Because I acquired my disability shortly after birth, I have spent my life using adaptive equipment and assistive technology. Some of these items I still use today, like my crutches and my bath chair. Other items, like my leg braces and adaptive writing utensils, I no longer use at all. Every once in a while though, one of those long ago items will become useful again and I then wonder why I ever stopped using it in the first place.

Recently, I have been struggling with things that slip; like my feet on the kitchen floor, the cutting board on the counter, my ruler on my cutting matt, my butt on the chair in my sewing room. All of these things are frustrating at the very least, and have the potential to be very dangerous. I’ve tried to come up with various solutions that didn’t involve spending a small fortune on non-slip rugs and rubber coated kitchen supplies. I have put blue tape on my ruler and my cutting board. I even considered the possibility of rubber cementing the bottoms of my most used kitchen supplies to see if that would help. Then I had a flashback to my first grade classroom, where my teacher, Ms. Hart used to put prices of blue rubber sheeting under my paper so it wouldn’t slip when I wrote.

All it took was one quick post to a CP forum I am part of to discover an item called dycem; big plus side is that it is available online. Dycem is great; it is tacky on both sides and will stick to nearly everything. It can be cut to any size so I can use it on the floor under my feet, on my chair under my butt, under my cutting mat and ever under my ruler when I am cutting fabric. I can even use it under fabric when I need to trace a template. But that’s not all, dycem is not only good at preventing all manners of slippage, is also great for adding grip to items. It can be used to open jars and bottles, or strips can be added to handles, pens or even a toothbrush to supply a better grip.

Dycem has a million possible uses. And it is not just for people with disabilities. Dycem can be useful to anyone who is sick of having their stuff slide around; I can even see it being a great tool for mothers with young children. Dycem is also reusable and washable, so one small roll can last quite a long time and be used for several different applications. If you find you are regularly putting Dycem under certain items regularly, it can be permanently adhered to any surface with a little superglue. I think I might glue some to the back of a clipboard so that I can finally carry papers around the office without them sliding off my lap. What do/would you use dycem for?

The Perfect Solution….Or Not

We’ve all been there. We’ve all seen a product on television, or in the store, and thought to ourselves, “This is the greatest thing ever! I must have it, and together we will achieve so much.” So we buy it, filled with possibility, and then we use it only to discover we have been duped. The product is a total failure.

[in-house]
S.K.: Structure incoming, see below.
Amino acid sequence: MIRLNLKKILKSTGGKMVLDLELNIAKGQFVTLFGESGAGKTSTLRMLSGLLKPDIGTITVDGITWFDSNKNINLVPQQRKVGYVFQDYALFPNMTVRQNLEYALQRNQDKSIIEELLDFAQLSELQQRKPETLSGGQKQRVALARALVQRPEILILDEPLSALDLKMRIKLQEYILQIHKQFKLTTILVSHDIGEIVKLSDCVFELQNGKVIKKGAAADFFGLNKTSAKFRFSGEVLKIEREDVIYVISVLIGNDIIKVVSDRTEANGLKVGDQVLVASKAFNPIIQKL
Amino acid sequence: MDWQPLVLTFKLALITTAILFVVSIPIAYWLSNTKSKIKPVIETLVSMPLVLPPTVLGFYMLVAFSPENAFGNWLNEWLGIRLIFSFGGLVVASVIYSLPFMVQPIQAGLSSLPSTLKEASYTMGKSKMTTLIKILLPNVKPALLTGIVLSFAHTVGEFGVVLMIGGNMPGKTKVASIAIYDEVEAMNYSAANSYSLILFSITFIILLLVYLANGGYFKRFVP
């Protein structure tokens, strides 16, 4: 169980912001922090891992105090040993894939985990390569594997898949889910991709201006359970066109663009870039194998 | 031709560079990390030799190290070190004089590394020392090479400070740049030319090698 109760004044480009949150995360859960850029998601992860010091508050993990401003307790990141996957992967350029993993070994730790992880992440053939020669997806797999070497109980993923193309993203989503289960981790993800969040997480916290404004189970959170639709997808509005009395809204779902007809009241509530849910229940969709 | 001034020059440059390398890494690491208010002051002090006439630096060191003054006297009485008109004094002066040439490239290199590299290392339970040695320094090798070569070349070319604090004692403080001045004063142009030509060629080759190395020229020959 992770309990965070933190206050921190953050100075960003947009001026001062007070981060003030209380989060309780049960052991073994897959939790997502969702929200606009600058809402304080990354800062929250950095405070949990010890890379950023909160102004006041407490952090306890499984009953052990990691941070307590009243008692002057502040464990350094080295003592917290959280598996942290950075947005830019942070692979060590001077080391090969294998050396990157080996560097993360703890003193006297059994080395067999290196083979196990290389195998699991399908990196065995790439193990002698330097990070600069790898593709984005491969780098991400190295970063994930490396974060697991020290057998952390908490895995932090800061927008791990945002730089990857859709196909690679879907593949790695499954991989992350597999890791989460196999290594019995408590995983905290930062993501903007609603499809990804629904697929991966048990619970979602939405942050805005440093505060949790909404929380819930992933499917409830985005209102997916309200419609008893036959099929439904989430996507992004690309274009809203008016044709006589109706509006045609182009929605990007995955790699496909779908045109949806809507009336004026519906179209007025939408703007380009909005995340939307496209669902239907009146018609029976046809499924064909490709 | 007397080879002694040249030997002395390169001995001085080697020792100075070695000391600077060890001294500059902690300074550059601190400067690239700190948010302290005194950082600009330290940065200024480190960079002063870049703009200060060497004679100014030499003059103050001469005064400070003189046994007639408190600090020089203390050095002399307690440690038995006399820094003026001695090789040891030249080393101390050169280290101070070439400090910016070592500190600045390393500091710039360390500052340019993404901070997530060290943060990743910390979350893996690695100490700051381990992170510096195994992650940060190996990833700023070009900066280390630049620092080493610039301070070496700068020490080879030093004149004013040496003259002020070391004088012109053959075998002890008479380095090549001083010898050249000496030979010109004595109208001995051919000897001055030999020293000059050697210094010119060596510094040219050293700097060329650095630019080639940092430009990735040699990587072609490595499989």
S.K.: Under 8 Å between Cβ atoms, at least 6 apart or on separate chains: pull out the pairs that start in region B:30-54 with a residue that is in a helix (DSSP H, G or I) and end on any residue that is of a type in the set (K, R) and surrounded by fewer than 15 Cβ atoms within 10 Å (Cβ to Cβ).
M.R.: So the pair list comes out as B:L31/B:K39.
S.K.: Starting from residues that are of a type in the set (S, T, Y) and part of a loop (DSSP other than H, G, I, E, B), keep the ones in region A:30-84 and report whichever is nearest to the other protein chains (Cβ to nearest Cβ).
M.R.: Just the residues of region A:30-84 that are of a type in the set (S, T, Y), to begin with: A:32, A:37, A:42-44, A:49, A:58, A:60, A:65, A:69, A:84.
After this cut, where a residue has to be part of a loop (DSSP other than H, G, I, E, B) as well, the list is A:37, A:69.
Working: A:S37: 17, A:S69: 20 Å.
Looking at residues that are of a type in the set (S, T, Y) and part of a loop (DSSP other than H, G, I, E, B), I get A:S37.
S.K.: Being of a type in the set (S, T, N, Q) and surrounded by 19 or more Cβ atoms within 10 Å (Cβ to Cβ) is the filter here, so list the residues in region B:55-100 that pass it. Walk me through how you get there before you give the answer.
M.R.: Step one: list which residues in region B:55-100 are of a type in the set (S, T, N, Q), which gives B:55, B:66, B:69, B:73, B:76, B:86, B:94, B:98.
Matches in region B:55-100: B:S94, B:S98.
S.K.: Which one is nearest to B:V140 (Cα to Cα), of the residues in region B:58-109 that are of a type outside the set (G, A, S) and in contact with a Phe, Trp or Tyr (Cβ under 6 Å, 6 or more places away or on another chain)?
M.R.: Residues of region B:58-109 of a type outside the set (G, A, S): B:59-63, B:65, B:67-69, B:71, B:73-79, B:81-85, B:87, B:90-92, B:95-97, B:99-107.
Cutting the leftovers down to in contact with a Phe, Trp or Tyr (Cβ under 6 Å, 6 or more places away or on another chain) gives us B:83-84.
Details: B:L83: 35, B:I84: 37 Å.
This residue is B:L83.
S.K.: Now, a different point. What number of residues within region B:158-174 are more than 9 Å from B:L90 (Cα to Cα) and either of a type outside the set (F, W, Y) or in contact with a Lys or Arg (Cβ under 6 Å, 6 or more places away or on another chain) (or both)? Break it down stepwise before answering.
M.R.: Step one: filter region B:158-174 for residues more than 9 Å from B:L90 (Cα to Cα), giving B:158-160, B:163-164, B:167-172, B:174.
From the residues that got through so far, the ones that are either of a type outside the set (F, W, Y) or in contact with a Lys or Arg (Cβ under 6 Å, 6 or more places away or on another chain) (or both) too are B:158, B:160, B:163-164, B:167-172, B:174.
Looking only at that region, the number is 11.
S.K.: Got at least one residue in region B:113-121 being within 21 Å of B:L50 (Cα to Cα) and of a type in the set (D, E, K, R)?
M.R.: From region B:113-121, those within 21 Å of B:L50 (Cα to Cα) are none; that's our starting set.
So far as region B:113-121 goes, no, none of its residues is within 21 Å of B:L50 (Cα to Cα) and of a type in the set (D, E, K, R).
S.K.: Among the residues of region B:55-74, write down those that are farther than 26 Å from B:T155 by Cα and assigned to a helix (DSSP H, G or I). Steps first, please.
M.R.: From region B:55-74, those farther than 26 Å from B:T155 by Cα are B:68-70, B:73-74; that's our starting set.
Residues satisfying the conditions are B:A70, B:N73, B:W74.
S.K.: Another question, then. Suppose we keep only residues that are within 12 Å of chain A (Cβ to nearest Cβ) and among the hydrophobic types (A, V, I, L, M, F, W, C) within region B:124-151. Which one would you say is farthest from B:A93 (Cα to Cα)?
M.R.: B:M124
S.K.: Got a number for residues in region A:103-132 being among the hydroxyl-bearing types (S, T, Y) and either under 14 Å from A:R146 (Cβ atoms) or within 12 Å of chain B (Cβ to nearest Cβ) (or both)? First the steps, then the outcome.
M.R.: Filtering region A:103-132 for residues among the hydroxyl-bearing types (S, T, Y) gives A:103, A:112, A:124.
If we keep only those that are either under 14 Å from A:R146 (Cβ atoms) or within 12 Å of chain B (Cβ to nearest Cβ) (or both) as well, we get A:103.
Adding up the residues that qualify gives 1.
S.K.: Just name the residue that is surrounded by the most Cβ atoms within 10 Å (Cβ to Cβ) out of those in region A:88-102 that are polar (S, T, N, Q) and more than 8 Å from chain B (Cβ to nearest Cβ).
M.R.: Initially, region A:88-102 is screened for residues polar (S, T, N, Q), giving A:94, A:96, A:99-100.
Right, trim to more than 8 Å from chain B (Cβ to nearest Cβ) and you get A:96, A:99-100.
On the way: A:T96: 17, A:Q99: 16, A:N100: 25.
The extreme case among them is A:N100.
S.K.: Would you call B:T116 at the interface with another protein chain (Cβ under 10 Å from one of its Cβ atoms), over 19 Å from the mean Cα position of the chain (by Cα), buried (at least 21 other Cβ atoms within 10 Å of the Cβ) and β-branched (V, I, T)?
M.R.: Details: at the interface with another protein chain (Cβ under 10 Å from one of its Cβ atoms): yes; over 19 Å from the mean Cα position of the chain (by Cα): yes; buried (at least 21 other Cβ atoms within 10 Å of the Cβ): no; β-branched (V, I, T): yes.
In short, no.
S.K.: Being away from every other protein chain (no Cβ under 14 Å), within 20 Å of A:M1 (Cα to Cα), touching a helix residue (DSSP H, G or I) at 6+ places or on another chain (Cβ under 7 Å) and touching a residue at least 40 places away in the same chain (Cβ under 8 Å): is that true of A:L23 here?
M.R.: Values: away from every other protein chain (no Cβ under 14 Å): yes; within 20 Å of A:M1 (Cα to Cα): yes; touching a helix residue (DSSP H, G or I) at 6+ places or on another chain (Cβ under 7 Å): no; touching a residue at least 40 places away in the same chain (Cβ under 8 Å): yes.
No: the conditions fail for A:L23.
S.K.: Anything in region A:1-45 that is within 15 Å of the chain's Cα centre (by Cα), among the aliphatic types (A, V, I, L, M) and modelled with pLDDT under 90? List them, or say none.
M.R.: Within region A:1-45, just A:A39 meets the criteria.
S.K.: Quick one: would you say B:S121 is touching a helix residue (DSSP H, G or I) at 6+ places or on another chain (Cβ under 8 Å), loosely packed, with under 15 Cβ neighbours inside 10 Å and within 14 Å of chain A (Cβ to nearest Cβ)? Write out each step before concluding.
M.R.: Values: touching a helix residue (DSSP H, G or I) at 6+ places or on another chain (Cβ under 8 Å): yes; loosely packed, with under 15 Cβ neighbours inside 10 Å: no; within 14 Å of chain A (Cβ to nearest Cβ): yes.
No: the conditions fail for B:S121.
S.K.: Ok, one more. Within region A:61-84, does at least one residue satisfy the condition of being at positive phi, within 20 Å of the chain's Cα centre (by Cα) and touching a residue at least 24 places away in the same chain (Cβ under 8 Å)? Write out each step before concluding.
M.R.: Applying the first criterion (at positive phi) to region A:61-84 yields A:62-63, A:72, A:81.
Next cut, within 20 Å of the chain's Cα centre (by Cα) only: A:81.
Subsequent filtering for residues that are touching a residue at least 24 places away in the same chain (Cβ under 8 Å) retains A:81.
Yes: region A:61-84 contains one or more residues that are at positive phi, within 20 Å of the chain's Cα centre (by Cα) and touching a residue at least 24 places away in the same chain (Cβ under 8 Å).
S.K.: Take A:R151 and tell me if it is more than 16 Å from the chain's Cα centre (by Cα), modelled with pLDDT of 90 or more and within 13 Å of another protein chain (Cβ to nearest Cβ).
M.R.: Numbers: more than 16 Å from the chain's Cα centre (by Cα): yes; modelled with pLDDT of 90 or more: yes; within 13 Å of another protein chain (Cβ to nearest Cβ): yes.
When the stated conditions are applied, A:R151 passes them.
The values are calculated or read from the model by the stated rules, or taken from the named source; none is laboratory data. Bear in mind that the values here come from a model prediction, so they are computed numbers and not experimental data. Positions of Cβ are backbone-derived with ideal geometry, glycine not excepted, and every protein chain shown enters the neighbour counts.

I am no stranger to this scenario. Often, I think I have found something that is perfect for me, only to find out it doesn’t work the way I need it to at all. In an effort to be kind, and perhaps save you a bit of money, I thought I might share some of these failures, along with the products I replaced them with.

This first item might come is a bit of a shock. In fact, most people probably find this item very useful; but as a left handed person with fine motor issues, I just cannot recommend it. It’s the mandolin slicer. These things are supposed to cut through veggies like butter, slicing items for salad and other recipes with ease. I’ve used mine exactly three times since purchasing it, three years ago. It is the most frustrating piece of kitchen equipment I have ever owned. First, it is hard to set up, then you have to get just the right rhythm going in order for the blade to go all the way though the veggie without catching, then you have to keep re-adjusting the guard. By them time I slice one carrot, I am tired, frustrated and usually bleeding, no matter how careful I try to be.

I ended up replacing it with this slicer instead. It’s a little noisy, and like with most slicers you may have to cut the larger veggies into smaller chunks first; but the set up and cleanup is much easier. Plus, there is little chance of slicing off the tip of your finger by accident.

The second thing I bought that didn’t work out was the Pasta Boat; many of you probably saw the infomercial. Well, I fell for it hook, line and sinker, and my dear husband bought me one. I was so excited. As an Italian, I eat a ton of pasta, as a diabetic, my husband does not. I thought the Pasta Boat would be safer and easier to use, especially since I was only making pasta for one. After the first use, I knew I had thought wrong. The pasta did not cook in the time listed on the instructions, and when it finally did cook through, I opened the door to find that water was all over my microwave.

As of now, I have not found a successful mechanism for my pasta cooking dilemma. I do want to find something that would prevent me from handling boiling water and I am considering trying this; though I am still a little weary of infomercial products. Has anyone tried it?